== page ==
Earlier this week PepsiCo’s director of digital and social media B. Bonin Bough again chastised the PR industry for being digitally out of shape. “Digital fitness,” or knowledge about how clients use social media and a 101-understanding of the science behind search algorithms, said Bough, is essential if communications companies wish to stay on top of the ever-changing digital front.
To a large extent Bough’s tonic for the industry falls flat – pun intended. Put another way, if the PR industry –and the country – were as physically fit as we are digitally, we wouldn’t have an obesity epidemic on our hands. Digital fitness may be a great buzzword that generates web traffic, (of course we wouldn’t know as digital luddites) but the reality is, social media, be it Facebook, Twitter, RSS feeds or the almost-antique email, are already major components of our communications tool belts.
Think about it. Can anyone really imagine a PR company – or almost any successful organization – not relying on social media to promote their brand in some way? Moreover, today’s clients expect social media outreach as par for the proverbial course and not some gimmick-driven extra. Many of today’s college graduates entering the working world have already been using Facebook for a third of their lives, first signing on when they were in early high school in 2004.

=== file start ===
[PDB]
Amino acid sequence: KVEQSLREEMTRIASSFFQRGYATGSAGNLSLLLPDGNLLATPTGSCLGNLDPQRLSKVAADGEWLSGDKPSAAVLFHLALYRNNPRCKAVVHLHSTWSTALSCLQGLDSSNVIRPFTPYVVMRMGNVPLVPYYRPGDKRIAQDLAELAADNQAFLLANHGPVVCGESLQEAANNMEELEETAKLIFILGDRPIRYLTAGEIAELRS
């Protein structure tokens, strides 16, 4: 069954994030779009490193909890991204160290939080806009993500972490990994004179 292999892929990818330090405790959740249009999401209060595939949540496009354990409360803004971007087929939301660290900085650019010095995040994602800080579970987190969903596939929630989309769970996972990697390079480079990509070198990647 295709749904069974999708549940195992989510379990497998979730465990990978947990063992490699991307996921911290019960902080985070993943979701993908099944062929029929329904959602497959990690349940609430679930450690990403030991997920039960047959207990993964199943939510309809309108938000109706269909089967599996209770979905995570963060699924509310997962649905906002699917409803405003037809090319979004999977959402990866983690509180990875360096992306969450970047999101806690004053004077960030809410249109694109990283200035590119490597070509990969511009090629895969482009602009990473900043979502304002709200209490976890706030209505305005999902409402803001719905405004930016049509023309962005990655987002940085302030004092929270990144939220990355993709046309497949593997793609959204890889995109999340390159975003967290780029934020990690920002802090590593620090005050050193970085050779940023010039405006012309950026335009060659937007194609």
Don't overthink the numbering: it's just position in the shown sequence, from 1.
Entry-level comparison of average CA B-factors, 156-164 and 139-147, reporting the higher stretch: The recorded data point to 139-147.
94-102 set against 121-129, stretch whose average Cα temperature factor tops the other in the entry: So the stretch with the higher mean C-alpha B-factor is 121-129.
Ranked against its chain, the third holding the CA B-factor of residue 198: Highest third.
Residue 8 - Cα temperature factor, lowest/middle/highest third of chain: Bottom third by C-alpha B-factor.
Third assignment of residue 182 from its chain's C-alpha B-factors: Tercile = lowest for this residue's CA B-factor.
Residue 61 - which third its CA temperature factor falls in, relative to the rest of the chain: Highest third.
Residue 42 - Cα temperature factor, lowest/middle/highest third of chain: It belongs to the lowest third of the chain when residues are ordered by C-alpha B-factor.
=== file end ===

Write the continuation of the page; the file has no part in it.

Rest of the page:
A growing number too are graduating with degrees in social media.
And while demographers and the like forecast a graying workforce, data indicates that 78 percent of the US workforce in 2009 was made up of individuals ages 25-54. I don’t know about you, but I know plenty of 40 and 50-somethings who are just as (and if not more) iPad-savvy as the next 20 or 30-something.
To Bough’s point that Facebookers and Tweetters must intimately understand the science behind their media outlets, comparing the process to how children learn to ride bicycles, I cry foul. Yes, it’s true children don’t learn to ride a bicycle watching it sit idly by the curb. That’s why they get on and pedal. But ask a five-year-old about the basic laws of Newtonian motion that lie at the underpinnings of his first successful ride and he’ll draw a blank.
My point: Intimate knowledge of the inner workings of social media is important, to be sure, but just by using social media and receiving immediate feedback from our clients ensures that its usefulness and effectiveness grows organically.
Of all the ailments besetting our economy and the challenges communications companies face at attracting new clients in these difficult times, our collective digital fitness is not one of them. Now that I’m done exercising my fingers with this post I’m off to hit the pavement for a 5-k run.